Contract talks between film and TV studios and actors guilds accelerated Monday as the top union official for Hollywood's blue-collar work force turned up the heat on both sides, suggesting that the industry has suffered a "dramatic slowdown" in production in the last month because of uncertainty over a new deal.
Separately, the Screen Actors Guild moved to shore up its executive ranks with the naming of former senior Walt Disney Co. corporate officer John F. Cooke as its chief executive. Hired after a four-month search, Cooke succeeds the retired executive director Ken Orsatti as the guild's top staff official.
The comments about the production slowdown by Thomas Short, president of the International Alliance of Theatrical Stage Employees, mark the first time he has weighed in on the actors talks since negotiations started last month toward a new contract to replace one expiring Saturday.
Short's comments, aimed at putting pressure on both sides, are similar to ones he made when trying to pressure studios and writers before they reached agreement on a new contract last month.
Short said in an interview that a reluctance by producers to give the go-ahead to new projects until they are certain actors won't strike has been felt sharply by members.
According to Short, employment in the last month is off by as much as 50% among costumers, makeup artists and hairdressers, 40% by set artists and about 30% among set painters. Short said he is concerned that if production continues to slow, some members will not get enough work to continue to qualify for health and pension benefits.
Short's comments mark the first time a top union official has provided specific numbers on the effect on workers. IATSE represents about 50,000 skilled workers in TV and film in Los Angeles, including grips, camera operators, sound technicians, makeup artists, electricians and other professions.
Actors and studios continue to downplay chances of a strike. Although neither side would comment on progress of the talks, citing a self-imposed news blackout, sources on both sides remain optimistic a new deal can be worked out by the contract expiration date or shortly after.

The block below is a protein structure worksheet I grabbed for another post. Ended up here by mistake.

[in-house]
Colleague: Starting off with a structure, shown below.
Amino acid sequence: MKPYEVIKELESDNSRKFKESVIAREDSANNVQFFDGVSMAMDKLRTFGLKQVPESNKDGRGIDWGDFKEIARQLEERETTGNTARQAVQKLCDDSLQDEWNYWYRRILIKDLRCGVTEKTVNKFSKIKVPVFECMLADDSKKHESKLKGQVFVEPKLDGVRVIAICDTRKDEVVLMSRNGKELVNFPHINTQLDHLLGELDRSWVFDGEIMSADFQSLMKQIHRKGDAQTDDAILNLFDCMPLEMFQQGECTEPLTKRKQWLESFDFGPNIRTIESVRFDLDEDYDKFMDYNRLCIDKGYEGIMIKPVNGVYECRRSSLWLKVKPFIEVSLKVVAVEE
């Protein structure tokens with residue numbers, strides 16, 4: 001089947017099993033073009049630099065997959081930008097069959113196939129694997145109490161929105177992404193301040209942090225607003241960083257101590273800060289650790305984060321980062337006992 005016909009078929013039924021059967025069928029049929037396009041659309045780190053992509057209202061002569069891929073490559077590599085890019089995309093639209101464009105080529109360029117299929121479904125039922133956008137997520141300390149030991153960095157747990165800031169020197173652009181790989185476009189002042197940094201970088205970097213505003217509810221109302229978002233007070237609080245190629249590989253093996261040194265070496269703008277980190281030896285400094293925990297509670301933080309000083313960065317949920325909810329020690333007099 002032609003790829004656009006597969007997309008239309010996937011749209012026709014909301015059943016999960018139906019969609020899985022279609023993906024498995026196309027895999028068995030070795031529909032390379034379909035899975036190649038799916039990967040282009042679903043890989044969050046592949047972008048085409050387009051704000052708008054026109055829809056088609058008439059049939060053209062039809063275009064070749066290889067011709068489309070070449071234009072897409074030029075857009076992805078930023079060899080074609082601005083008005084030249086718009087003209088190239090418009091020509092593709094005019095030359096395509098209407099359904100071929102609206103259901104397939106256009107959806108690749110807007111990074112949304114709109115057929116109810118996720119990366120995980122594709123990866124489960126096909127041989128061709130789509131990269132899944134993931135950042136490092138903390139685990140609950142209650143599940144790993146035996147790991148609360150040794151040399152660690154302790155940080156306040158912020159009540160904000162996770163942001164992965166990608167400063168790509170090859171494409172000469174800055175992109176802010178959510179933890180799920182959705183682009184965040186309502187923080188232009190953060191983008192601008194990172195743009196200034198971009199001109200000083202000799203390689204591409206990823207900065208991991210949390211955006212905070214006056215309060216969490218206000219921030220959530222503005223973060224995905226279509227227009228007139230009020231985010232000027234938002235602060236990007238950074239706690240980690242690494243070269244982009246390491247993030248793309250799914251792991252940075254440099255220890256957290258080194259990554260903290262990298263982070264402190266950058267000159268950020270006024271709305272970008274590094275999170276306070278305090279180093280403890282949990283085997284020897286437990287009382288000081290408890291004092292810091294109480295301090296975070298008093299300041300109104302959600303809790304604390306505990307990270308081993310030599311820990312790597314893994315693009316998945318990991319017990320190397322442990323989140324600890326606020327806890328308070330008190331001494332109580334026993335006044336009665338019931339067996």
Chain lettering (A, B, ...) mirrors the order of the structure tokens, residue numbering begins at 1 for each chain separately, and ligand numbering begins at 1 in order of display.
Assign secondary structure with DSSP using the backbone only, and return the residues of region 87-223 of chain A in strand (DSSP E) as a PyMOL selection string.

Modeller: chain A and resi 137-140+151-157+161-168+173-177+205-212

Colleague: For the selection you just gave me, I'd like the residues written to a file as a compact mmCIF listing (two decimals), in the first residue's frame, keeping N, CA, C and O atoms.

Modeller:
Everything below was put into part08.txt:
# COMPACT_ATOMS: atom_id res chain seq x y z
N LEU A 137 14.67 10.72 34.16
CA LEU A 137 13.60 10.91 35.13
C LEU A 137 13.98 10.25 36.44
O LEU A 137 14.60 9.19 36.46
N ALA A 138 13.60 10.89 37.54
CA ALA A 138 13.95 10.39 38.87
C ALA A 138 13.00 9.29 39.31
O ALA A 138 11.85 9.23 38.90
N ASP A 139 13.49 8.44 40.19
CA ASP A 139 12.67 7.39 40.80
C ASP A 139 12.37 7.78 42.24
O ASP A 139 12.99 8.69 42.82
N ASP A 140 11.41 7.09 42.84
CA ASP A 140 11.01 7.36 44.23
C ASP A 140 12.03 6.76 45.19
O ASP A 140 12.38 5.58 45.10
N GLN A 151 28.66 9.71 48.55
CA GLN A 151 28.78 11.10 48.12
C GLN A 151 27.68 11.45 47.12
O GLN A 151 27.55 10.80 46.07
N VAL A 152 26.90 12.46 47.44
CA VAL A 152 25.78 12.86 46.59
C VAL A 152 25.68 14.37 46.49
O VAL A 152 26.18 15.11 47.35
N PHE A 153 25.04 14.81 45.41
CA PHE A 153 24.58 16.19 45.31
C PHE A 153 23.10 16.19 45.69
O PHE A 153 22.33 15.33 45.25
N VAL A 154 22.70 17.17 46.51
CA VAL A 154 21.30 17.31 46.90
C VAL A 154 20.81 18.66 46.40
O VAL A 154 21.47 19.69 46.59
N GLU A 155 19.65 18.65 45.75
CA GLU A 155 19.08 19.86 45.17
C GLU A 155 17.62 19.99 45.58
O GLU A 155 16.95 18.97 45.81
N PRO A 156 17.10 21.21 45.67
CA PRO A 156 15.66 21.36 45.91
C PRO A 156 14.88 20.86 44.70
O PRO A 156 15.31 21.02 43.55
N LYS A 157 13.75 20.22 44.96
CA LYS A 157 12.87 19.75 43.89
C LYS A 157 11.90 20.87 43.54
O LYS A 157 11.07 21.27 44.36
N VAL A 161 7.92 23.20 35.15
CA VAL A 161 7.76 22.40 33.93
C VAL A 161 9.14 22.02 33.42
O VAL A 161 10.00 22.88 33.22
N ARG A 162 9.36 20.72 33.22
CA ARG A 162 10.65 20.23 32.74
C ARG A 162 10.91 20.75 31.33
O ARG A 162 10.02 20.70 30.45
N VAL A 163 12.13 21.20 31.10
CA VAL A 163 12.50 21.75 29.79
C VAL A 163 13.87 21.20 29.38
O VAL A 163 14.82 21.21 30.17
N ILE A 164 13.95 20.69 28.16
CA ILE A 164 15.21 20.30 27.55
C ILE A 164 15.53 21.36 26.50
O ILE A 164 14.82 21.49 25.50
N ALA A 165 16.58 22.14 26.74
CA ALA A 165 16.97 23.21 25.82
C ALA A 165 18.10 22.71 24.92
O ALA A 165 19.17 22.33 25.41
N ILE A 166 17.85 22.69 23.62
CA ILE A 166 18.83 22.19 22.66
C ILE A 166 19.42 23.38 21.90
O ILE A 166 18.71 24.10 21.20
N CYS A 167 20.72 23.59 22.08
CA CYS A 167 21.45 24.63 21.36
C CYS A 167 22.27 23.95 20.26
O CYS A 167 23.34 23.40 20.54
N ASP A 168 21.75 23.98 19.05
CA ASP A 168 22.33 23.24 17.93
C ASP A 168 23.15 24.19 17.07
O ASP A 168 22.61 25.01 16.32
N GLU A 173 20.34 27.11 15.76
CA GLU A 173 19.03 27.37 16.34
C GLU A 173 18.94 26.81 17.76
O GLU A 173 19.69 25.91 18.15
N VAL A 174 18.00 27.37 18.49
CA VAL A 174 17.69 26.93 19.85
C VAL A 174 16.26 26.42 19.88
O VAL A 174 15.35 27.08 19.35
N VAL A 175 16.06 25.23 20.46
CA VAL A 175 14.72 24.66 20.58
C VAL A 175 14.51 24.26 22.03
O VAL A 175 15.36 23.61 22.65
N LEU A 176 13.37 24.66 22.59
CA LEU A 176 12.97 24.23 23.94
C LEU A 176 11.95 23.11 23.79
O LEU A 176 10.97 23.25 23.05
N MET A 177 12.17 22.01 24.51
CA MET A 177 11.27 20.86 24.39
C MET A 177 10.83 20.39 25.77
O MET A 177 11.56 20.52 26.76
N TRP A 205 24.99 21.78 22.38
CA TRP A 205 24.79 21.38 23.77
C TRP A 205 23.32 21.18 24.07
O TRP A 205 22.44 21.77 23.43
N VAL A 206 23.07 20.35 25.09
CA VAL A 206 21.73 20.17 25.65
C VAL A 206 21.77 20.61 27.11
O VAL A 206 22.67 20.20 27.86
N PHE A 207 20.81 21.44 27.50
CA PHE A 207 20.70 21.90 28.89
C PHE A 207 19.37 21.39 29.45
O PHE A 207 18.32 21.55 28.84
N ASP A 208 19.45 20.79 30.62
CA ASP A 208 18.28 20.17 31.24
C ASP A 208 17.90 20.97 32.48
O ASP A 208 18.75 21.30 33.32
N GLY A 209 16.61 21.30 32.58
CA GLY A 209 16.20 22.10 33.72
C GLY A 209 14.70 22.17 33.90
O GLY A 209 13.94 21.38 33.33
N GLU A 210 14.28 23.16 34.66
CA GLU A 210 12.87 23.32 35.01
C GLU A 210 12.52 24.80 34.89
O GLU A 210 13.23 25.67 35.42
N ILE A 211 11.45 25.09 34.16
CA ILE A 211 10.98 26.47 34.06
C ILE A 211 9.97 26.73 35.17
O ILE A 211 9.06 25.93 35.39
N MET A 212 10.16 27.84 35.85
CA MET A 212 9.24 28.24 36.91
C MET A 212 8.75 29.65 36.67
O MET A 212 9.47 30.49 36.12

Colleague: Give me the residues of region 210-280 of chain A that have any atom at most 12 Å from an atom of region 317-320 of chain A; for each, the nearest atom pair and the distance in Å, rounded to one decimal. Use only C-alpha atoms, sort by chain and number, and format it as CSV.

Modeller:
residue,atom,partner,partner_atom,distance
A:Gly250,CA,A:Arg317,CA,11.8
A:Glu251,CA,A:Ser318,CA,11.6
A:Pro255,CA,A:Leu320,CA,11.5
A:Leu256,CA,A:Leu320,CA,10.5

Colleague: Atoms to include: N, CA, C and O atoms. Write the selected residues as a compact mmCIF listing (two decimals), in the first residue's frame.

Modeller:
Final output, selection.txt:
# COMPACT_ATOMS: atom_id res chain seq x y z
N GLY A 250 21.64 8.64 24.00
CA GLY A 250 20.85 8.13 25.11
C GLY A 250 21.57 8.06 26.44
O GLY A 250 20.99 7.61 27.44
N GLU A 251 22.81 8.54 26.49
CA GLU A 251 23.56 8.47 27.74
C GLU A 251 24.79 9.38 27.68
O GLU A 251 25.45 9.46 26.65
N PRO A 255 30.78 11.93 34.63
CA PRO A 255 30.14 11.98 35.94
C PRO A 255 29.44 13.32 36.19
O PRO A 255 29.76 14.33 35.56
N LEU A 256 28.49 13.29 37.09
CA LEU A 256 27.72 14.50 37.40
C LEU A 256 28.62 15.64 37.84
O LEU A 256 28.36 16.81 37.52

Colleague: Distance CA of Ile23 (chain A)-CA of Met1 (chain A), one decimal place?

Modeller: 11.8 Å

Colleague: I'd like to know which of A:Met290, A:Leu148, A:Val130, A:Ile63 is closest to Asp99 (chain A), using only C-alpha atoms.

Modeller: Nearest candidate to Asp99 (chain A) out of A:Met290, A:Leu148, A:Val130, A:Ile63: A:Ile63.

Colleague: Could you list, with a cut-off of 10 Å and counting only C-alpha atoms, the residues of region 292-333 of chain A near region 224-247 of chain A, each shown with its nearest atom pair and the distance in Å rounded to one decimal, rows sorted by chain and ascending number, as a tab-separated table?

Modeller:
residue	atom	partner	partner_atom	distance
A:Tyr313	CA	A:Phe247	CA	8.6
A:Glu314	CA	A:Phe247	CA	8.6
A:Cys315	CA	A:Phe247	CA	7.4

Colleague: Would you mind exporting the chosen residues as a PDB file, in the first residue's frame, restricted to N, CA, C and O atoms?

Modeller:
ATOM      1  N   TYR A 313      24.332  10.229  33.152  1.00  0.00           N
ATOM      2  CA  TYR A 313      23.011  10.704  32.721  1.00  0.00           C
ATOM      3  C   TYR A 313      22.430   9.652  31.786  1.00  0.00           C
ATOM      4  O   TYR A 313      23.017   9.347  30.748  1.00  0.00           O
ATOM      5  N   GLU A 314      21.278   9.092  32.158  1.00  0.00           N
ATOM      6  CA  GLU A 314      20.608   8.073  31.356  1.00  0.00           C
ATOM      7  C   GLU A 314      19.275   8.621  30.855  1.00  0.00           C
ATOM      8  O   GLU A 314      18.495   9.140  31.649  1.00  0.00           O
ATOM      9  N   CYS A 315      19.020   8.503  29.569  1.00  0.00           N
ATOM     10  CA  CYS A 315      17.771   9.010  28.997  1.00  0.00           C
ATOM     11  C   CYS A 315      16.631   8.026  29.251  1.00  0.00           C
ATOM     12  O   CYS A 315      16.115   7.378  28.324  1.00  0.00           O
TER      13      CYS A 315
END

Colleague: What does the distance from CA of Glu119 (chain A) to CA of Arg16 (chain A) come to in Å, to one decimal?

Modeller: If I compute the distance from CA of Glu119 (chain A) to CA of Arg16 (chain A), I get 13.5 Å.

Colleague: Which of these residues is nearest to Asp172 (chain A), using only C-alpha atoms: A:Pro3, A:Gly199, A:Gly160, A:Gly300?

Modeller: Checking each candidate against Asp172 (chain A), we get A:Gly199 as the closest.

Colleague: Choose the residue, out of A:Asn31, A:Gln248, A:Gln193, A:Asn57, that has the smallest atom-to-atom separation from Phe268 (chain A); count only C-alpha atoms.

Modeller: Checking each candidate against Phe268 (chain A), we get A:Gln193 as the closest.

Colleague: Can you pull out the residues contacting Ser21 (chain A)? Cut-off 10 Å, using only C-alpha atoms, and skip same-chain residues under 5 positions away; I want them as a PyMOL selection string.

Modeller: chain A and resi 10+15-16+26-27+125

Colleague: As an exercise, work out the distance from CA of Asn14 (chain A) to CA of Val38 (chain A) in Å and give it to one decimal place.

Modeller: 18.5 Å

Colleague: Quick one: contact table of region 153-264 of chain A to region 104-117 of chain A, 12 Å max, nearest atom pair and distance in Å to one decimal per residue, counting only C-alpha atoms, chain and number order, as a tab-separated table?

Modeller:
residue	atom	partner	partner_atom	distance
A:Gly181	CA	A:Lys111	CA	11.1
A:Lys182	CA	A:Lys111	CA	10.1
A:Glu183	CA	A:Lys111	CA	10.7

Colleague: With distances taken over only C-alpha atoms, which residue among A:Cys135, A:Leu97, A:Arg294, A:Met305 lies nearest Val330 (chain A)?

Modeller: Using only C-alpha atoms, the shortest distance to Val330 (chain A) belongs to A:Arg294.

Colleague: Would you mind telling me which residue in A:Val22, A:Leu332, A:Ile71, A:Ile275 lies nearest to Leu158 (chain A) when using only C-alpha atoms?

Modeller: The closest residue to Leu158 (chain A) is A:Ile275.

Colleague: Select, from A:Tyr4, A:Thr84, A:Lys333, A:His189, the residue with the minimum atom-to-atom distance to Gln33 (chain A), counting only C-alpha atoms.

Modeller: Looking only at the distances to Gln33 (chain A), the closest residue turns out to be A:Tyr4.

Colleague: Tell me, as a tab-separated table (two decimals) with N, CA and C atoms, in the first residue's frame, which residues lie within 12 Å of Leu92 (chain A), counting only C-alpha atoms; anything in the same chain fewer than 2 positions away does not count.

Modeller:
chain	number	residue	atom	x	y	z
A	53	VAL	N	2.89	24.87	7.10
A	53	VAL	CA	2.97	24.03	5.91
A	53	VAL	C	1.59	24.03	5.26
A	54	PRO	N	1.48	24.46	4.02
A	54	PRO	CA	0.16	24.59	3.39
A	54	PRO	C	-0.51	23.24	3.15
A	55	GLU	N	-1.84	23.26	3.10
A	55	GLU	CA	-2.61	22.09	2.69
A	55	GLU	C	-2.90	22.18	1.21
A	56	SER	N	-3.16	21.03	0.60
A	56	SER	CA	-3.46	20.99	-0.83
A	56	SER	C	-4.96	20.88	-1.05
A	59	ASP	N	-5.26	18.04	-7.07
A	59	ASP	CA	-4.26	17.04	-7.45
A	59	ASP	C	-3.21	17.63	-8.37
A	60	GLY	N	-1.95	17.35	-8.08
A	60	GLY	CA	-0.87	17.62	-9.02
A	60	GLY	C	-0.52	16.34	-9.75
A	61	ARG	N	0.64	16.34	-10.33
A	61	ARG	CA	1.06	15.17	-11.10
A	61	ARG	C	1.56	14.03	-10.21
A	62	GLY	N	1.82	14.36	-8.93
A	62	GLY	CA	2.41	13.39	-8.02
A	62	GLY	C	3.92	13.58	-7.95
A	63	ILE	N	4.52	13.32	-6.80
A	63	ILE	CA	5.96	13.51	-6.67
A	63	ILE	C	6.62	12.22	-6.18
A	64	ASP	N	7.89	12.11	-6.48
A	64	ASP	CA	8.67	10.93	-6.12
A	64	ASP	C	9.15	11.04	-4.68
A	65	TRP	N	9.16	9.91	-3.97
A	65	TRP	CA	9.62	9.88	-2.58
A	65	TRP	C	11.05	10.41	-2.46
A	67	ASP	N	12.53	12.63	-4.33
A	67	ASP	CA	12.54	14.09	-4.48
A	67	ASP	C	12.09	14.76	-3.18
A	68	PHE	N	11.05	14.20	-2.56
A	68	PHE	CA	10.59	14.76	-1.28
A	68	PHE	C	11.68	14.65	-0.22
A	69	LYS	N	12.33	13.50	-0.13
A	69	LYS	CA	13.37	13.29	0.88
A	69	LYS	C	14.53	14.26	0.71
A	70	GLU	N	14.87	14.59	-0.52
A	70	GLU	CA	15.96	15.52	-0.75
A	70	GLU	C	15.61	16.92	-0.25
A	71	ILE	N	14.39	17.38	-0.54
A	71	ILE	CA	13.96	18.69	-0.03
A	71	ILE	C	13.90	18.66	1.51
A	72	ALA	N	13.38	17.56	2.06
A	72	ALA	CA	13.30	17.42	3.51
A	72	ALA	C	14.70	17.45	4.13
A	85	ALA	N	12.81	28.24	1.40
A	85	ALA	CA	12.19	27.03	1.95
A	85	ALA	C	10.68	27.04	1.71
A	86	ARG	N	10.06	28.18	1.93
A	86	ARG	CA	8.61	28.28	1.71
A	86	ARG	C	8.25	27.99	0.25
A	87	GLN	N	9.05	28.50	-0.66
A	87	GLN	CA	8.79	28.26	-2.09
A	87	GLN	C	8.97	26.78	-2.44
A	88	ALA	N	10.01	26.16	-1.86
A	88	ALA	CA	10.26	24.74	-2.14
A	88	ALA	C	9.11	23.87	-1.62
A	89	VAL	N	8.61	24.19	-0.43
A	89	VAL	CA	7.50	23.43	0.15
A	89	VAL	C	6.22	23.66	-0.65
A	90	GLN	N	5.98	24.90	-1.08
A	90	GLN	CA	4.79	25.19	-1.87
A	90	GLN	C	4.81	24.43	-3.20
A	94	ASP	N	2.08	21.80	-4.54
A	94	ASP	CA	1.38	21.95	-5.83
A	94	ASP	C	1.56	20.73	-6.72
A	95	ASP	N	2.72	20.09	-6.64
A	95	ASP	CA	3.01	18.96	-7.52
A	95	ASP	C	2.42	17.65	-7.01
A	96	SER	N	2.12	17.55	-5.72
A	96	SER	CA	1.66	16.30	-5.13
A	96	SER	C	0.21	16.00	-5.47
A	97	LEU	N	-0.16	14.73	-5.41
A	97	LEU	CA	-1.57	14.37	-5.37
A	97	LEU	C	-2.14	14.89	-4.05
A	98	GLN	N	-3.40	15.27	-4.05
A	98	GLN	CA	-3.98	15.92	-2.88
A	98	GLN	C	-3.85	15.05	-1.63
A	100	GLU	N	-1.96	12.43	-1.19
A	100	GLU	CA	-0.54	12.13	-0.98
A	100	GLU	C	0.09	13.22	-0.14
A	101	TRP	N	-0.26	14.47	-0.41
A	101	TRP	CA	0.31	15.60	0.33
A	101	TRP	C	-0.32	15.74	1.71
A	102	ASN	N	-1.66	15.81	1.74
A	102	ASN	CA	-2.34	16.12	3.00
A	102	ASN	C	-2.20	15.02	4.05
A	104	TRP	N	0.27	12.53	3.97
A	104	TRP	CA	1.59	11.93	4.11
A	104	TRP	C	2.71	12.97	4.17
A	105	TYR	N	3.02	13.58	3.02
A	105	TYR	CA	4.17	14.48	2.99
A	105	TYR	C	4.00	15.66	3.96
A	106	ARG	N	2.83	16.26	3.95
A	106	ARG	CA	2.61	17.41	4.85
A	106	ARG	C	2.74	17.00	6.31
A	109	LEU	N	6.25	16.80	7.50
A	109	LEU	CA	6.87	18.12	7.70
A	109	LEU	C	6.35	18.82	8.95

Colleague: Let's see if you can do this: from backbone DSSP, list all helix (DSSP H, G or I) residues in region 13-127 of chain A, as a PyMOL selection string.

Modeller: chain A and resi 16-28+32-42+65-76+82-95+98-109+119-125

Last week, the studios presented SAG and its sister union, the American Federation of Television and Radio Artists, with a so-called comprehensive proposal. The guilds studied the proposal and met Sunday afternoon with studio representatives to present their counterproposal. Working through the weekend had been expected, but nonetheless marks a clear acceleration of talks that, to date, had been moving relatively slowly.
"We're getting close," said a source involved in the talks. "Problems remain. There are emotional issues and financial issues. But, none of them are impossible. The parties are not that far apart."
Some say a deal could come by the time the contract expires Saturday at midnight, but others said they would not be surprised if talks extend into early next week.
"If it stays rational, there should be a deal," one source said.
Money issues remain at the heart of the talks, especially residual payments actors receive when their work is rerun on cable TV channels. Actors, who now split among themselves 6% of the license fee for shows sold to cable channels, have been asking for 7.5%. That is a number studios are unlikely to grant because they would then be under pressure to boost percentages given to writers and directors.
As for Cooke, the executive was hired from an initial group of 200 executives, later narrowed to nine, said William Simon, partner with the executive search firm Korn/Ferry International.
Cooke left Disney in early 2000 to become an executive vice president at the J. Paul Getty Trust.
Cooke spent 15 years at Disney. As executive vice president for corporate affairs, he oversaw such areas as government relations. Before that, he ran the Disney Channel. Cooke formerly was an executive with the cable television operations at Times Mirror Co., former parent of The Times.
Cooke in recent years has been a top Democratic Party fund-raiser in Hollywood, and is close to former Vice President Al Gore.
Cooke's hiring is not expected to affect contract negotiations, since his start date has yet to be determined. He said he will attend some sessions as an observer.
Cooke said that he plans to review SAG's organization, long criticized as being too bloated, and address such issues for actors as new technologies, rocky relations with agents and runaway production to foreign countries. Cooke also said he is optimistic that SAG's chronic infighting will eventually end.
SAG President William Daniels said Cooke's selection was unanimous among the union's search committee.